There are certainly many advantages to using wind instead of or in addition to diesel-fuelled generators. Stickler said "the benefits to First Nations would be air quality [improvement] of not running, or running much less diesel, potentially power quality improvement, ultimately there's a cost dimension, a strong business case because for a community trying to get off diesel there's distinct programs for renewable power and micro grids."

Programs like Northern REACHE, which specifically targets off grid northern communities, many of which are First Nations, is a big game changer. Because of the cost of shipping diesel fuel to these locations, the more remote they are, the quicker wind energy systems would pay off. Many of these communities have diesel fuel shipped to them by air which according to a Government of Canada study on off grid communities, can cost twice as much as having it shipped by barge.

Stickler explained that Hatch can configure systems to meet the demands of the community at hand, “a small community might only need 500 kw of power and there are battery and storage solutions and we have a storage battery with 4 to 5 devices connected to it, or hundreds, so there are distinctly scalable solutions."

Of course the remoteness of these communities means it would be difficult to have a technician come in for maintenance. When asked how manageable these new systems would be for these communities, he said "what I envision is that communities could easily create and maintain their own power systems and one way we can help is with our micro grid controller. We can access those remotely, so that supports in being able to help local maintenance and keep the system up and running locally."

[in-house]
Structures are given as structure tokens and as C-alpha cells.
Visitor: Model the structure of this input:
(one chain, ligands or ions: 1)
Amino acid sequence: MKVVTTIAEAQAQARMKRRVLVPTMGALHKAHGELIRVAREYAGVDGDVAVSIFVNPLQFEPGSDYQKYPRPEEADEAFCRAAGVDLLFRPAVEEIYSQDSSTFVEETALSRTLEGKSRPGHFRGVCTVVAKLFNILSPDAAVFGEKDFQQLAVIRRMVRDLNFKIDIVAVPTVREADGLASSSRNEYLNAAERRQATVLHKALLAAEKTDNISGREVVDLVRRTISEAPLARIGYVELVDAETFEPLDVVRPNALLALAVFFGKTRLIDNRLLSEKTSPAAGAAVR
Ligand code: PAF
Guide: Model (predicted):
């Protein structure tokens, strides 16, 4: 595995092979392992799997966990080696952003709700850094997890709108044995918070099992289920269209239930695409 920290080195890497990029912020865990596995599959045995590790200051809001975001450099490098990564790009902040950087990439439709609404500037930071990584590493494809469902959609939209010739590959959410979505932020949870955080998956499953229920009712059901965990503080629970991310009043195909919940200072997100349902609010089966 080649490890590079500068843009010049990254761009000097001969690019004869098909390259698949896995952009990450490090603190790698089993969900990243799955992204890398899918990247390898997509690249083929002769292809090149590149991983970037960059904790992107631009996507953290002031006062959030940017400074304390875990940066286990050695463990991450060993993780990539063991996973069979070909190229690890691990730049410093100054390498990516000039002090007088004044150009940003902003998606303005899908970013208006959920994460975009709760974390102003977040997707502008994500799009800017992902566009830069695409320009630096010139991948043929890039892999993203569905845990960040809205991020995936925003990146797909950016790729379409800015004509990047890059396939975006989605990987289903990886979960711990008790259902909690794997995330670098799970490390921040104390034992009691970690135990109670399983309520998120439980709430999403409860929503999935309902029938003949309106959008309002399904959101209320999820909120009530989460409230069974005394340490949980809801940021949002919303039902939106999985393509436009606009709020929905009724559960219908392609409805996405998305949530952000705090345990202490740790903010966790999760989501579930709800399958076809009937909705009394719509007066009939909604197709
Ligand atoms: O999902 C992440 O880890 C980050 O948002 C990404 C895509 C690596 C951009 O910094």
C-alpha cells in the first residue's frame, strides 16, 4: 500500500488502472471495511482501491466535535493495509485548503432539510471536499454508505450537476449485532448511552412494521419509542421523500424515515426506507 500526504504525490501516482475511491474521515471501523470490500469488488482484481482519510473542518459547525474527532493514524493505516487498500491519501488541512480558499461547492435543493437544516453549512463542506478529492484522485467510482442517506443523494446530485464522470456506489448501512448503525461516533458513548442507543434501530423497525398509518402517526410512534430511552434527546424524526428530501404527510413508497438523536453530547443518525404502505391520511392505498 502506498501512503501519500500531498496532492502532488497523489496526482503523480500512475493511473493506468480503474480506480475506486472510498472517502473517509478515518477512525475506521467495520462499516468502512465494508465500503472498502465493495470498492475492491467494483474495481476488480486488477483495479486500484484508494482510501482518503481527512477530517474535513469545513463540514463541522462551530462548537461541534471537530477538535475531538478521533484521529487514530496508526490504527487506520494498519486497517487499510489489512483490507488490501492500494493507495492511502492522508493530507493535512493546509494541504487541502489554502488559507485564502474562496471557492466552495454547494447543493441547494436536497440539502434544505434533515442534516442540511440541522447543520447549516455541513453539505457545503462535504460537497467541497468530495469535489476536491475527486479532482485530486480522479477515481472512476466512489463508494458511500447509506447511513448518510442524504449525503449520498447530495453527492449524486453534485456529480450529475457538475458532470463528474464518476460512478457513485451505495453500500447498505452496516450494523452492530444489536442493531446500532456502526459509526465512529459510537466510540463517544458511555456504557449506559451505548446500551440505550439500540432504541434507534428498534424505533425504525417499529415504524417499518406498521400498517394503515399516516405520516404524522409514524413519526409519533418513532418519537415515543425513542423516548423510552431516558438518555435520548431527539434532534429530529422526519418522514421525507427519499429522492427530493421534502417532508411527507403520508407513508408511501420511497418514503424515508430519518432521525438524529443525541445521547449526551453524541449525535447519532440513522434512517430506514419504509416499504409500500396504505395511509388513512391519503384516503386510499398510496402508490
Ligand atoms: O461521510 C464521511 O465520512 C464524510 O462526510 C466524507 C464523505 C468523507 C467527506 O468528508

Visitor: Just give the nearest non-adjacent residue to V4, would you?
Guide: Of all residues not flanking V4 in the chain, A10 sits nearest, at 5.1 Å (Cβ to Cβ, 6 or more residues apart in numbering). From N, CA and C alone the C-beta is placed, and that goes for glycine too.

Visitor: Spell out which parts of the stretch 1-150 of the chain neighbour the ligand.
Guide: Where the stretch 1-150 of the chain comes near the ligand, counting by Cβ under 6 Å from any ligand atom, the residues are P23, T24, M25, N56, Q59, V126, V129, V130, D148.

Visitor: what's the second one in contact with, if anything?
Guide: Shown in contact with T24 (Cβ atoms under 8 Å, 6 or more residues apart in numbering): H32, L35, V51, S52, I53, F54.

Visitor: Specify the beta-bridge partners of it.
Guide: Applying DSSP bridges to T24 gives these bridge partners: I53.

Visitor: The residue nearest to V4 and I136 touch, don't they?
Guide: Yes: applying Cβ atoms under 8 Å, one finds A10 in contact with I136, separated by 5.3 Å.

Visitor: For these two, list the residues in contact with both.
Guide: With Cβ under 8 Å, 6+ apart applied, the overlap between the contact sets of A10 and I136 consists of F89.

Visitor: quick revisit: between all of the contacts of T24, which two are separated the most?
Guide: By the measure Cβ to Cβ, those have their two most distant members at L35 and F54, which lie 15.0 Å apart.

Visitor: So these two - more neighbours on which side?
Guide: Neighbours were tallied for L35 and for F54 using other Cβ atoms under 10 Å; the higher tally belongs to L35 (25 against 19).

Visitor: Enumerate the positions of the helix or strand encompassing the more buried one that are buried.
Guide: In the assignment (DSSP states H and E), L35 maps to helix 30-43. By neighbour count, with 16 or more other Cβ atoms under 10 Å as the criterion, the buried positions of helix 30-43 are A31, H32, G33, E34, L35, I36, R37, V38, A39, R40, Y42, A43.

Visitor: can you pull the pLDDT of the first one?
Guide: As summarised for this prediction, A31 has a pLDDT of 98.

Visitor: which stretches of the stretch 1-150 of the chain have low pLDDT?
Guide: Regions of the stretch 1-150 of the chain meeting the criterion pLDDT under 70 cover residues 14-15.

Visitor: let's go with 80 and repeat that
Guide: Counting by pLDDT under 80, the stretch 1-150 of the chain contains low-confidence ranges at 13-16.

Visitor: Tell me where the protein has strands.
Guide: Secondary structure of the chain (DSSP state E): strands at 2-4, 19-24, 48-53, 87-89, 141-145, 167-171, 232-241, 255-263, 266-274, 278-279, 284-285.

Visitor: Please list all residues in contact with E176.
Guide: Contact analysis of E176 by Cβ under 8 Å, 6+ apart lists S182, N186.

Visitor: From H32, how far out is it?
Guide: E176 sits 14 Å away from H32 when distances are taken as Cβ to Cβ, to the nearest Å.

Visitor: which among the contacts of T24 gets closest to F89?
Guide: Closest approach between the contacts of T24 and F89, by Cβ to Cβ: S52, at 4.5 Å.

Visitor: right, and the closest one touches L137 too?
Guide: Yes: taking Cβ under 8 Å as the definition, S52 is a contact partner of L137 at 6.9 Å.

Stickler says whomever operates the diesel generator could be retrained to manage solar or wind operations. He added that the size of the turbine required by northern communities with small populations would be fairly easy to ship and assemble on site.

Solutions also exist for people living outside of communities or those that are simply looking to have more energy self-reliance. Borrum Energy Solutions carries a 1 kw and 2 kw, and soon a 3kw wind turbine, that can be easily assembled and installed outside a private home with what can be found in most toolboxes. Like larger wind turbines, owner and president Odilon Lemieux says they pay for themselves after roughly 7 years.

Lemieux says that "as the price of electricity goes up, there will be some good business incentive [for people] to generate their own electricity and use the grid to top it off." Unlike other clean energy solutions however, Borrum Energy Solutions turbines don't convert power from DC to AC. He explained that this process is costly and inefficient. As an example he gave the case of recreational vehicles that run on 12V DC and can power heaters, stoves, etc…

The need to simplify maintenance and installation for communities in northern Canada is what drove the idea. Lemieux explained "why connect the whole 120VAC to the house because it's complex and costly? It's off the grid, beyond the meter, so the idea is you use a system that charges batteries and the batteries charge DC heaters and or water heater elements." He added that you can easily buy a 12V water heater element that can be connected through regular electrical hookups.

Borrum Energy Solutions turbines are built to operate in up to -40C and tilt automatically when wind conditions are too strong. Though an electrician should be consulted to connect the power, depending on where you live you may not need a building permit or any additional outside consultation. Lemieux said “it's kind of the IKEA model, some assembly required. You get a box and you get your power, and with simple tools you find at home you put it together."